October 2001
Attack on the US - 2
Hearts and minds.

Hearts and minds are also part of this "war"

We stray from our strict brief this month because of we know hearts and minds matter in any "War against Terrorsm", because of, the important part broadcasting can and will play in outcomes and with much unhappiness as what we see as an inefficacious pursuit of a worthy aim by the US and its allies and a rather more efficacious pursuit of an unworthy one by Osama bin Laden..

What is war?

We start with a definition from the first American President, George Washington: "An act of violence whose object is to constrain the enemy, to accomplish our will."

It's a fairly good definition and it has two parts, the first of which is usually easier to accomplish than the second.
If aims in the current conflict are to constrain the support the Taliban and others have given to al Qaida, then military and financial acts already taken certainly do that.
If however the war is of a new kind, if it is against terrorism worldwide, then the follow up to the constraint, the accomplishing of " our will" is going to be much more difficult. It's also going to involve a battle for hearts and minds on a much wider geographic scale than just Afghanistan, one that indeed has to span the world.
Here we would another American president with experience of war.

From Dwight D Eisenhower comes a comment applicable to the first part of the fight: "What counts is not necessarily the size of the dog in the fight - it's the size of the fight in the dog."

In the context of a fight for hearts and minds, the fight is across territories that cannot be militarily attacked, against ideas that cannot be militarily conquered but in an area that broadcasters work in daily.

How do you fight for hearts and minds?


We don't think a fight for minds can be fought by censoring ideas.
We don't think a fight for justice can be fought by proclaiming support for justice and supporting those who practice the opposite.
We don't think that you can win minds without some understanding of what has formed those minds and speaking to them. (We suggest here it is worth reading a San Francisco Chronicle item onAfghan traditions) .
We don't think you convince people easily in a language they don't understand. .


If your arguments have the greater weight, the more exposure they get the better.
In a wider context you are better to espouse limited principles than grandiose aims, which may play well at home but are bound to be seen in a different light elsewhere.
You do better if you try and put yourself in the position of your audience before you frame your words and talk to them rather than shouting over their heads.
You need to address different peoples in their own languages.(Note that bin Laden addresses are in Arabic not Afghan languages!).

How have we done so far?.
Pretty badly we'd say.

The technology to speak to the world is there as is the infrastructure through the BBC and Voice of America through radio in most of the world and also through the BBC, CNN and other satellite TV channels, including al Jazeera in richer areas (you don't get much television without a mains electricity supply).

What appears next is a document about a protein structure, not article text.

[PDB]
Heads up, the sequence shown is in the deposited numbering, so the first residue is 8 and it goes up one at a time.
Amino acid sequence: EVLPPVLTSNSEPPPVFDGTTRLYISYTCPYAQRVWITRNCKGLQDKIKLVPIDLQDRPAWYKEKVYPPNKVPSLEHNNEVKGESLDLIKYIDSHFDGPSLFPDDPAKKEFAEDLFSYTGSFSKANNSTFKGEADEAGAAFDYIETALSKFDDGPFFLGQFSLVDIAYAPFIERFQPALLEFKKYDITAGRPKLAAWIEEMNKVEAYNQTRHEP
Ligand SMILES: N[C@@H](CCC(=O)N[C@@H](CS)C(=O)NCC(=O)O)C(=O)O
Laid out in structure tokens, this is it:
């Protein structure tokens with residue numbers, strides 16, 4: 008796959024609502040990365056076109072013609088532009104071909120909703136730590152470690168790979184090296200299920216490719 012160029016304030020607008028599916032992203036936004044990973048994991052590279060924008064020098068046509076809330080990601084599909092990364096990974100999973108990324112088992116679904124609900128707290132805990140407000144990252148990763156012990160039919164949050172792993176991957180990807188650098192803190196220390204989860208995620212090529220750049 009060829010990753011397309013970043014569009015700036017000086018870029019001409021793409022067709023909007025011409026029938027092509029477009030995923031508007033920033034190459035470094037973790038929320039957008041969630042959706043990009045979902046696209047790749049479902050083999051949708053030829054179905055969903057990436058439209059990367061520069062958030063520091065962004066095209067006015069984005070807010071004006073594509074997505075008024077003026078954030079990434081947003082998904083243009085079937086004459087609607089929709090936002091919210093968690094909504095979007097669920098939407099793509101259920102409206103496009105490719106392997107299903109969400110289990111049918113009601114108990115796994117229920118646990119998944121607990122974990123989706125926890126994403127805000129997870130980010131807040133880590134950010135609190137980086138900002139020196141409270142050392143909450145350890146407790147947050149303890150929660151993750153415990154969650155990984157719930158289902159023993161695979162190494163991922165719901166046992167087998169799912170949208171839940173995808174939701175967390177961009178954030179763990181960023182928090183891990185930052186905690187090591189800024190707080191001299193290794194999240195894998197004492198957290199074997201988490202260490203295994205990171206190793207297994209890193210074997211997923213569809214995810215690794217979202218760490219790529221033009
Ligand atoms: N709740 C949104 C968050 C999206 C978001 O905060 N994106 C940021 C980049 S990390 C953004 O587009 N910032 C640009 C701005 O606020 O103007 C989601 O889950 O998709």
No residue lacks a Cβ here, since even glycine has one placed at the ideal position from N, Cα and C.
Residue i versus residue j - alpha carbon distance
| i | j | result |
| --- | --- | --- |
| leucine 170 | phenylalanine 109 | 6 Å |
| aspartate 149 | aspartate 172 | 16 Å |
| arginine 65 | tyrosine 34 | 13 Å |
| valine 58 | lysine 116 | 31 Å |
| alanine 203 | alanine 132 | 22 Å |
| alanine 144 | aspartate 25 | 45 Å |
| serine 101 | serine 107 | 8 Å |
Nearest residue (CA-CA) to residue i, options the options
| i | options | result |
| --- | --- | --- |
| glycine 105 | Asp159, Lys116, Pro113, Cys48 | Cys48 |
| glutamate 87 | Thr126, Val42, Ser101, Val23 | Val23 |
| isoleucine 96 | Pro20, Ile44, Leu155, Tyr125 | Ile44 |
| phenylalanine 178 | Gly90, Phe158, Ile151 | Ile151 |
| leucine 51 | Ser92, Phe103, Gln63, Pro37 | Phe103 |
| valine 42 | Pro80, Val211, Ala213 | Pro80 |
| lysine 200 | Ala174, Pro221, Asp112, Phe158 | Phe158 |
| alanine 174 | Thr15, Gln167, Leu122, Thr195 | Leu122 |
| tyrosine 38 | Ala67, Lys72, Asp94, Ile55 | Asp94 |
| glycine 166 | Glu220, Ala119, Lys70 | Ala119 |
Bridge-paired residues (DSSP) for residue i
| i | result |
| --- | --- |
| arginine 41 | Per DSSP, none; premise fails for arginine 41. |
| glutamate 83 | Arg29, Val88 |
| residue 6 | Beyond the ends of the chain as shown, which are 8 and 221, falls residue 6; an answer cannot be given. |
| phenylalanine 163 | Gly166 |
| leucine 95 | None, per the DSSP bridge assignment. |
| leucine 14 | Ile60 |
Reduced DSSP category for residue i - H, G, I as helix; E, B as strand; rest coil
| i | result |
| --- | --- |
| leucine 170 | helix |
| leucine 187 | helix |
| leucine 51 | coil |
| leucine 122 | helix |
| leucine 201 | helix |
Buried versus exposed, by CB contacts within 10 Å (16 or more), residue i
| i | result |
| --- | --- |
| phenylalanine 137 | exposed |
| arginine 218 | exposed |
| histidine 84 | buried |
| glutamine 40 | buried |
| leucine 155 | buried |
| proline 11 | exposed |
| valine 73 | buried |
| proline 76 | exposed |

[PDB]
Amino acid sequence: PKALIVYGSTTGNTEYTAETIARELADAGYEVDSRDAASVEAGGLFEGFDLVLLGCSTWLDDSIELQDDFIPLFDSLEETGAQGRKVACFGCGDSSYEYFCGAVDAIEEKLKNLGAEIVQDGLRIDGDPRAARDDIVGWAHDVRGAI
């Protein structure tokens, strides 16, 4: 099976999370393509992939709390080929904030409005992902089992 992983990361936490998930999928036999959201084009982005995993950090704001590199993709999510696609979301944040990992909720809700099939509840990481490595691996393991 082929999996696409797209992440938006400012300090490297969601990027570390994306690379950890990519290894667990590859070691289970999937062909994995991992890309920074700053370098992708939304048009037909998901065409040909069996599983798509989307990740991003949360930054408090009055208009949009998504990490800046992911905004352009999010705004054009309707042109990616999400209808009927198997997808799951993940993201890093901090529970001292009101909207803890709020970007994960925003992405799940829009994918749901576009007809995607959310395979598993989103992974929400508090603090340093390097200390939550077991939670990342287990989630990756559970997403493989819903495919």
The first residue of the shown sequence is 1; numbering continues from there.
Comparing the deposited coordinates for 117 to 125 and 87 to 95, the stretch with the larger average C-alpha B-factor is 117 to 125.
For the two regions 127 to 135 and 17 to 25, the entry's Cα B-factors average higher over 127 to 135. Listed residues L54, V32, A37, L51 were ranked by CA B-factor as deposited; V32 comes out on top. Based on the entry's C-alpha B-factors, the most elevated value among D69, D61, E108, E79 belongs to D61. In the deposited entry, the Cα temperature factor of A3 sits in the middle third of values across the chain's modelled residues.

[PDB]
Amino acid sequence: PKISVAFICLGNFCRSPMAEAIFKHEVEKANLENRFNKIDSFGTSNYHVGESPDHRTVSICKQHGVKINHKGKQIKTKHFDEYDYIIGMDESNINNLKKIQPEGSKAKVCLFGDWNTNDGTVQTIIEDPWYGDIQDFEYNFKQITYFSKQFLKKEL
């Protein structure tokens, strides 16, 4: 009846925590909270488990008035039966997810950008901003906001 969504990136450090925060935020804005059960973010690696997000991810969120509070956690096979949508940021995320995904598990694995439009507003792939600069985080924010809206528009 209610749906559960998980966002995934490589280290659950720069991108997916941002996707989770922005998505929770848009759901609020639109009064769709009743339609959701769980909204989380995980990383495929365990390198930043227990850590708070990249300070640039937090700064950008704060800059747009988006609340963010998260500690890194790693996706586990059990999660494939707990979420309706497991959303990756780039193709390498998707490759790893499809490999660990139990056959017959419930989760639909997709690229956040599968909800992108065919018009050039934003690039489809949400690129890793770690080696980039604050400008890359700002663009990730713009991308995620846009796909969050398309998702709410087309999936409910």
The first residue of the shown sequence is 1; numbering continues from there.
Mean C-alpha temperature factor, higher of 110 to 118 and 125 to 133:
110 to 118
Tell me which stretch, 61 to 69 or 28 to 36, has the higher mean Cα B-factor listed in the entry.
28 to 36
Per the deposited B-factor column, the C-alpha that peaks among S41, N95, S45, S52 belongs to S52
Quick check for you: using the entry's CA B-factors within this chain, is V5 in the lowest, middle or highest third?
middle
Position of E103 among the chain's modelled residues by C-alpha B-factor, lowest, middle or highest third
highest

But instead of taking on and defeating bin Laden and al Qaida on the basis of their words and actions, the US seems to have ended up arguing more about whether American and British broadcasters should carry bin Laden comments or segments of an interview with the Taliban leader than it have initially put effort into getting arguments against him put over well.

We really do not think it difficult to convince all but a few deranged humans that flying civilian airliners into buildings is plainly wrong, that they do not favour the idea of love of death being greater than love of life.

But it is also difficult to argue against anyone who responds that it's also wrong for an occupying nation to lob shells into civilian areas of the land it occupies unless you are prepared also to condemn such activities.

Equally we think it not that difficult to argue the superiority of freedom of speech over its absence but you don't promote that idea by allowing your opponents to point to ill-conceived censorship efforts by you, yourself.

"Enlighten the people generally," wrote the second US President Thomas Jefferson, "and tyranny and oppressions of body and mind will vanish like evil spirits at the dawn of day."

Over stated maybe but the thought is on the right lines. Even bearing in mind the almost complete absence in the US leadership of major figures able to speak languages other than English, in marked contrast to leaders in many other areas of the world (with the noticeable exception of the Taliban leadership), more of the public utterances of those leaders could and should have both taken into account the susceptibilities of a wider audience and have been addressed to them.


None of this alters our views about the nature of al Qaida and the Taliban but it does mean the debate has to be on a clear understanding of the enemy rather than allowing him the advantages that come from being under or over estimated.
It also mans that the US may, as Britain has with the IRA, Spain with ETA, have to accept that it can only constrain terrorist activities not eliminate them.
But it will go much further along the road to elimination if it bears in minds some words of Abraham Lincoln, yet another American President who knew something of war: "I destroy my enemies when I make them my friends."

Any views? Please comment on the above. For that matter, if you can put the time aside, we'd like your "Guest comment" pages this year to stimulate more feedback and dialogue.

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